.22 caliber bullet velocity determination with a simple rotating drum streak camera

Andrew Davidhazy
Imaging and Photographic Technology

School of Photographic Arts and Sciences/RIT

The velocity of ballistic rounds is a matter of interest to many individuals, from hunters to ammunition designers and manufacturers. There are many instruments available to determine the performance of ammunition in terms of their velocity but none probably as simple as a basic streak camera.

Velocity is something that is determined by measuring the elapsed time between the arrival of the round at one location in space and its arrival at a second location with the distance between these two locations accurately known.

For slow moving objects this can be accomplished by using a chronometer and visually estimating the time of arrival of a subject at the two known locations. While this method works for slow subjects once they pick up speed it becomes a more and more difficult exercise. The rate at which bullets fly is impossible to determine by manual methods and something more sophisticated needs to be devised. This could be, and often is, some kid of an electronic "gate" and timer combination. The bullet flies over to photosensors and the time between interrupting the view of each sensors can be electronically accurately recorded and almost immediately the velocity of the round can be read out from the instrument's display.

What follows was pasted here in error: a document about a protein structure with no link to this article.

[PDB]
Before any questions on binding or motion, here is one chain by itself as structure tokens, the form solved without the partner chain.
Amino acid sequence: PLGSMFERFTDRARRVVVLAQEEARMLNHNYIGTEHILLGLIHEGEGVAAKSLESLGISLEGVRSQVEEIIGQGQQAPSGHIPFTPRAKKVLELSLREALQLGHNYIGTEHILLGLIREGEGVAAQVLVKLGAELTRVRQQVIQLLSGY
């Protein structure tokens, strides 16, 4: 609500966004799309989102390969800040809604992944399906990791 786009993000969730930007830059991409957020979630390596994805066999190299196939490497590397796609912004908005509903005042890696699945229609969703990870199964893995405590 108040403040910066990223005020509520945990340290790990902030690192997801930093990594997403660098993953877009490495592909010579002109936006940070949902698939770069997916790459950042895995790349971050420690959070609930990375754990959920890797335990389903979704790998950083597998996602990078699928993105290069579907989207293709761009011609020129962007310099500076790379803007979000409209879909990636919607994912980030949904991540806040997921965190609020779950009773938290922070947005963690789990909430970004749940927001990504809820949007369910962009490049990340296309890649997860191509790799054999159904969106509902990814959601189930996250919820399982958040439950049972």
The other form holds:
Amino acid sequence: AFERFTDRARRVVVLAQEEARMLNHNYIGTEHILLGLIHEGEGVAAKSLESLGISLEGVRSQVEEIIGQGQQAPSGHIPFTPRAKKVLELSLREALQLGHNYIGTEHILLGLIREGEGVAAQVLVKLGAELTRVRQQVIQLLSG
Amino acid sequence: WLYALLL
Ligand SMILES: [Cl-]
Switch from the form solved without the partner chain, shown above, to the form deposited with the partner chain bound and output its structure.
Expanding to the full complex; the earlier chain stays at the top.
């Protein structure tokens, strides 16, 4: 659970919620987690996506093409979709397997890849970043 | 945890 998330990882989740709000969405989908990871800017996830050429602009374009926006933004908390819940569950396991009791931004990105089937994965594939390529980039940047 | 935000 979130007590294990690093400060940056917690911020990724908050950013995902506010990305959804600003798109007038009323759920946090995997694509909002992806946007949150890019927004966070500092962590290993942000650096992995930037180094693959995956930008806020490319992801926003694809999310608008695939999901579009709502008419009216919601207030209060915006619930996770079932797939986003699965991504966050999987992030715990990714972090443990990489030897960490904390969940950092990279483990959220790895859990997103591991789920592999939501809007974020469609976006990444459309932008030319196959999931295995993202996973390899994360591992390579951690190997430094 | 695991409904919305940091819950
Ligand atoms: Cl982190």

One may, however, accomplish a similar task by employing a "streak" camera. In such a camera the film is moved past an open slot at some known rate. This rate gives the camera a known "time base". This means that a certain length of film represents a certain amount of time. The film can be moved past the slot in a number of ways but a very convenient way to do it is to wrap it around the outside surface of a drum. By rotating the drum at a particular rate the velocity of the film may be accurately set and known. A basic rotating, "home made", drum type streak camera is shown in the photograph below.

The drum is attached to a sewing machine or vacuum cleaner motor since these can achieve respectably high RPMs and are voltage sensitive. More volts produce higher RPM and thus better "time resolution" of the resulting record. The RPM of the drum are, in this case, monitored by a photo tachometer.